Man Group Says Shorting Ban Will Not Hurt Flagship Fund

Date: Thursday, September 25, 2008
Author: Ambereen Choudhury and Poppy Trowbridge,

(Bloomberg) -- Man Group Plc, the largest publicly traded hedge-fund manager, said it doesn't expect to be hurt by the U.K.'s ban on short selling of financial shares.

Man has about 14 percent of its $69 billion of assets invested in the so-called long/short funds, the ones most affected by the short-selling ban, the London-based company said today in a statement. The flagship fund, AHL Diversified Futures Ltd., uses computer programs, trades stocks mainly through indexes and ``is not expecting to be impacted by the recent short-selling restrictions,'' the company said.

The U.K.'s Financial Services Authority introduced emergency measures last week after short sellers were blamed for a plunge in shares of HBOS Plc, the U.K.'s biggest mortgage lender, which had to be rescued with a buyout from Lloyds TSB Group Plc. Man, which isn't on the FSA's extended list of financial companies that can't be shorted, fell 15 percent this week on speculation that the ban would hurt its investment returns.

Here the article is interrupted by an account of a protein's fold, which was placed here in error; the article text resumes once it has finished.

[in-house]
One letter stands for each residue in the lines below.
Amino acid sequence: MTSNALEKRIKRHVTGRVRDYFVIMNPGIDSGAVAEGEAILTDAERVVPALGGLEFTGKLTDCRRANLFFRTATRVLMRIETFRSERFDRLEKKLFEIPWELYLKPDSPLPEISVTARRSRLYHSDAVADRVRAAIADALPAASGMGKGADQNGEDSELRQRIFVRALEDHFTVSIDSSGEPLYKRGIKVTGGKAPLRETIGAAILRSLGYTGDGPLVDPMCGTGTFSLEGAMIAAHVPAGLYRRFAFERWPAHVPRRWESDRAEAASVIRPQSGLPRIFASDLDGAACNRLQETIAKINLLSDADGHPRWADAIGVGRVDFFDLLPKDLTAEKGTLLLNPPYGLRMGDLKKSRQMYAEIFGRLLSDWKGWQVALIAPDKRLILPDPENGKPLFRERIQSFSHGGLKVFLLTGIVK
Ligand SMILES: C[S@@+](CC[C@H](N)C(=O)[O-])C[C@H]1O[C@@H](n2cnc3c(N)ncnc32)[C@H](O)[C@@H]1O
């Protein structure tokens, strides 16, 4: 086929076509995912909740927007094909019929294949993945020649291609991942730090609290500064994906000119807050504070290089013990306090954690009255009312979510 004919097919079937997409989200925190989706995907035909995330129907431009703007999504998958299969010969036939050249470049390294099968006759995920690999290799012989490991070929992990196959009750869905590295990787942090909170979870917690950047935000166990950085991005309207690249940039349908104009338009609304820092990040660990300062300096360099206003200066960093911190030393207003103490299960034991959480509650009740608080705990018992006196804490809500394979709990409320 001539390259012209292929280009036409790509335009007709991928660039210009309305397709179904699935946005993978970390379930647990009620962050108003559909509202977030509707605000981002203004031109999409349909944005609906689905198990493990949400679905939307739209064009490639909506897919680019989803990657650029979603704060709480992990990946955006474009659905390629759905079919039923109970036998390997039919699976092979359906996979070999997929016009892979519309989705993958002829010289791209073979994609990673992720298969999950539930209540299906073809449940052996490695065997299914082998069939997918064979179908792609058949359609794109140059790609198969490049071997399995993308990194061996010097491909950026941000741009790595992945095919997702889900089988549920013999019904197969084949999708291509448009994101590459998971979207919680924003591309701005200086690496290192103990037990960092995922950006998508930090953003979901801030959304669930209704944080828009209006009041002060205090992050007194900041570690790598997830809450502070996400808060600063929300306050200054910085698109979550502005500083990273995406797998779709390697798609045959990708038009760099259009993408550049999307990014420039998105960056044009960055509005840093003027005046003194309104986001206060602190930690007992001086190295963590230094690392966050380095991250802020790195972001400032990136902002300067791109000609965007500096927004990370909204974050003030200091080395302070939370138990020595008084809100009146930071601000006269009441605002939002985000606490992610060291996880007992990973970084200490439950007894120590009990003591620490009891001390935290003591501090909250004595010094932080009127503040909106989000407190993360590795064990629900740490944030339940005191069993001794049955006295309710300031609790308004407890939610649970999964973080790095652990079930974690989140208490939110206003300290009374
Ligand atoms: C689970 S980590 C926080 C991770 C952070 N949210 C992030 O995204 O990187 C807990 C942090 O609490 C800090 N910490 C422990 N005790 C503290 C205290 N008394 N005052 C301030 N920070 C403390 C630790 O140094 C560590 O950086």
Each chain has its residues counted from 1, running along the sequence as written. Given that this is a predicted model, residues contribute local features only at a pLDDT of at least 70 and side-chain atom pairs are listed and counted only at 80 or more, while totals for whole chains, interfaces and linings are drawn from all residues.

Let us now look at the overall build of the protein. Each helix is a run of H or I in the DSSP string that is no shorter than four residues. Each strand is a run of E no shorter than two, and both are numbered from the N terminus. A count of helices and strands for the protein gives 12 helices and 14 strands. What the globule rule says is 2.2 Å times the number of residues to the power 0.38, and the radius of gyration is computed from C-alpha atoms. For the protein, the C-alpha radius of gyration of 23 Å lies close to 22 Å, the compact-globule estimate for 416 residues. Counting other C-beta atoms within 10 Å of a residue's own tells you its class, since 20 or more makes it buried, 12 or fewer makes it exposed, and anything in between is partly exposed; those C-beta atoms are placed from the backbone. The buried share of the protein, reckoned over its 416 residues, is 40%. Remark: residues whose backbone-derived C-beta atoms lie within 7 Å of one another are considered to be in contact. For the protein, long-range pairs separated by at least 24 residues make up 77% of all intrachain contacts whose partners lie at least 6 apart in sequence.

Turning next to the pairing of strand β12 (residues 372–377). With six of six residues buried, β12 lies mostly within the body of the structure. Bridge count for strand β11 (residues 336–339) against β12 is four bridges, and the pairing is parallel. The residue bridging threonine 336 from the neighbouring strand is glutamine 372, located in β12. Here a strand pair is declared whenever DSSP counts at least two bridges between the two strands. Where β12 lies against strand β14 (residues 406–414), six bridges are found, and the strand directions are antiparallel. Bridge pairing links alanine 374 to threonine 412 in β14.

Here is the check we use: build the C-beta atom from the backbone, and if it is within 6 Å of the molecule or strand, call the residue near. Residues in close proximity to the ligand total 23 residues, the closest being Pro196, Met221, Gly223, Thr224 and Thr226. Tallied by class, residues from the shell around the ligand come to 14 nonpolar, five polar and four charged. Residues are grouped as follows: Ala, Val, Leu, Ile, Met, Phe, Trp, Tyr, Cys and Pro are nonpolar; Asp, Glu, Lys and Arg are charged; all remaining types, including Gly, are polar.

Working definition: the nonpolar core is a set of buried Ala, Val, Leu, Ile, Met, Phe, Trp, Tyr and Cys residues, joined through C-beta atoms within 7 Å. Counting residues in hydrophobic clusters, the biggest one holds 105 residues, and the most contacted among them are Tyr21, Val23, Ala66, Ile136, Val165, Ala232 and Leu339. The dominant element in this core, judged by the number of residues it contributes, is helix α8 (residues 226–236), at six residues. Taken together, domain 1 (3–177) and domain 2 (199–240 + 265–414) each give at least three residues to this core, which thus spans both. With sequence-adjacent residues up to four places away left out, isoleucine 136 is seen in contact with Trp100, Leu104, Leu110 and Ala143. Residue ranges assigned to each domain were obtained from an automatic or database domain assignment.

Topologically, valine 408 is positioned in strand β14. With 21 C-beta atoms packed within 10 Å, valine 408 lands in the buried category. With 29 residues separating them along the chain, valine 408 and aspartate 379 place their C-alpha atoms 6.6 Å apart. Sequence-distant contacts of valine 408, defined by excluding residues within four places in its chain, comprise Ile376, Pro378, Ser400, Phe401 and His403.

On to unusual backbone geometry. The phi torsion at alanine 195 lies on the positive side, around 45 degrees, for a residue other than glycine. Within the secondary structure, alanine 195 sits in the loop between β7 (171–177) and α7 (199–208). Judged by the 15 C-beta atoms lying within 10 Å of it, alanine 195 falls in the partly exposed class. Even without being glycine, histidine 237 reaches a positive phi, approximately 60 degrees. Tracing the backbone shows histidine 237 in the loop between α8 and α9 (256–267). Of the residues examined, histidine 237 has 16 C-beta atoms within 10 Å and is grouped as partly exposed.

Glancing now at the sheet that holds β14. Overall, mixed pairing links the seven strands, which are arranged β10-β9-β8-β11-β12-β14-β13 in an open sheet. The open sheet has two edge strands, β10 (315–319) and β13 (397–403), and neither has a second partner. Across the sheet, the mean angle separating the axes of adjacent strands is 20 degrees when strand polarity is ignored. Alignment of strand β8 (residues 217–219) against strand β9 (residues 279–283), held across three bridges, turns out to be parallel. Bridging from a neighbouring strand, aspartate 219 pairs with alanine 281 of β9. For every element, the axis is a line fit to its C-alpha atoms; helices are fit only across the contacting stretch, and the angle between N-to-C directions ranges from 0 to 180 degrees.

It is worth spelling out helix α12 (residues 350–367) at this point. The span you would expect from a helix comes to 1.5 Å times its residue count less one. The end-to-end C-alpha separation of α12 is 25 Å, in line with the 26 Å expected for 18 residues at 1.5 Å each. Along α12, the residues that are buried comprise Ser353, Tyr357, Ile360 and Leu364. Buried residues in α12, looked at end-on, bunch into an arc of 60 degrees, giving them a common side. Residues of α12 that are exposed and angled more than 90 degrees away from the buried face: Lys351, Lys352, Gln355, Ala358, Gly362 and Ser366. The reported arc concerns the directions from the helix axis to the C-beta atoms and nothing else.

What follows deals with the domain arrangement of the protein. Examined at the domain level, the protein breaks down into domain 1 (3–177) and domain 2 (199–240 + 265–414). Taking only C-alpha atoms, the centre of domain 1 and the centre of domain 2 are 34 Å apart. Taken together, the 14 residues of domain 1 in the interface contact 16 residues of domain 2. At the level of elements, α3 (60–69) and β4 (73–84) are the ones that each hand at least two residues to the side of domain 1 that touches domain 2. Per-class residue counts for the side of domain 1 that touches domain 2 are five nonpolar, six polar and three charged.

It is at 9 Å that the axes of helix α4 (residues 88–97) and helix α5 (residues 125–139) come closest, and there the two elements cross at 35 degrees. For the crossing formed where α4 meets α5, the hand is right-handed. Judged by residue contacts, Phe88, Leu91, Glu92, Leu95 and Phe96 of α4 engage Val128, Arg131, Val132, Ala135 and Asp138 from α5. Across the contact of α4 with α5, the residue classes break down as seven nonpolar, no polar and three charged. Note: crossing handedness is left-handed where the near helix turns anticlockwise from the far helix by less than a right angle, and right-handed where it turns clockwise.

``Whilst performance for the industry in the first eight months of the year has been broadly negative, managed futures has been one of the few styles to have generated positive performance,'' Man said.

The net asset value for AHL was $34.89 as of Sept. 22, a decline of 3.4 percent from the previous week. The fund has increased 18.3 percent over the last 12 months, Man said in a separate statement.

Man, which initially rose 4.3 percent today in London trading, were up less than 1 percent at 400.25 pence as of 9:30 a.m. The shares are down 30 percent this year, valuing the company at 6.7 billion pounds ($12.6 billion).

Man doesn't expect any ``material impact'' from its counterparty exposures to Lehman Brothers Holdings Inc., which declared bankruptcy last week, or from U.S. insurer American International Group Inc., which was taken over by the government.

Under the new U.K. rules, investors can't take new short positions in U.K.-listed financial services companies. Existing short positions can't be increased. Man asked regulators to be added to the list of stocks protected form short sellers, the Financial Times reported with out naming its source. Man spokesman Paul Farrow declined to comment.

Hedge funds are private, largely unregulated pools of capital whose managers can buy or sell any assets and participate substantially in profits from money invested.

To contact the reporters on this story: Ambereen Choudhury in London at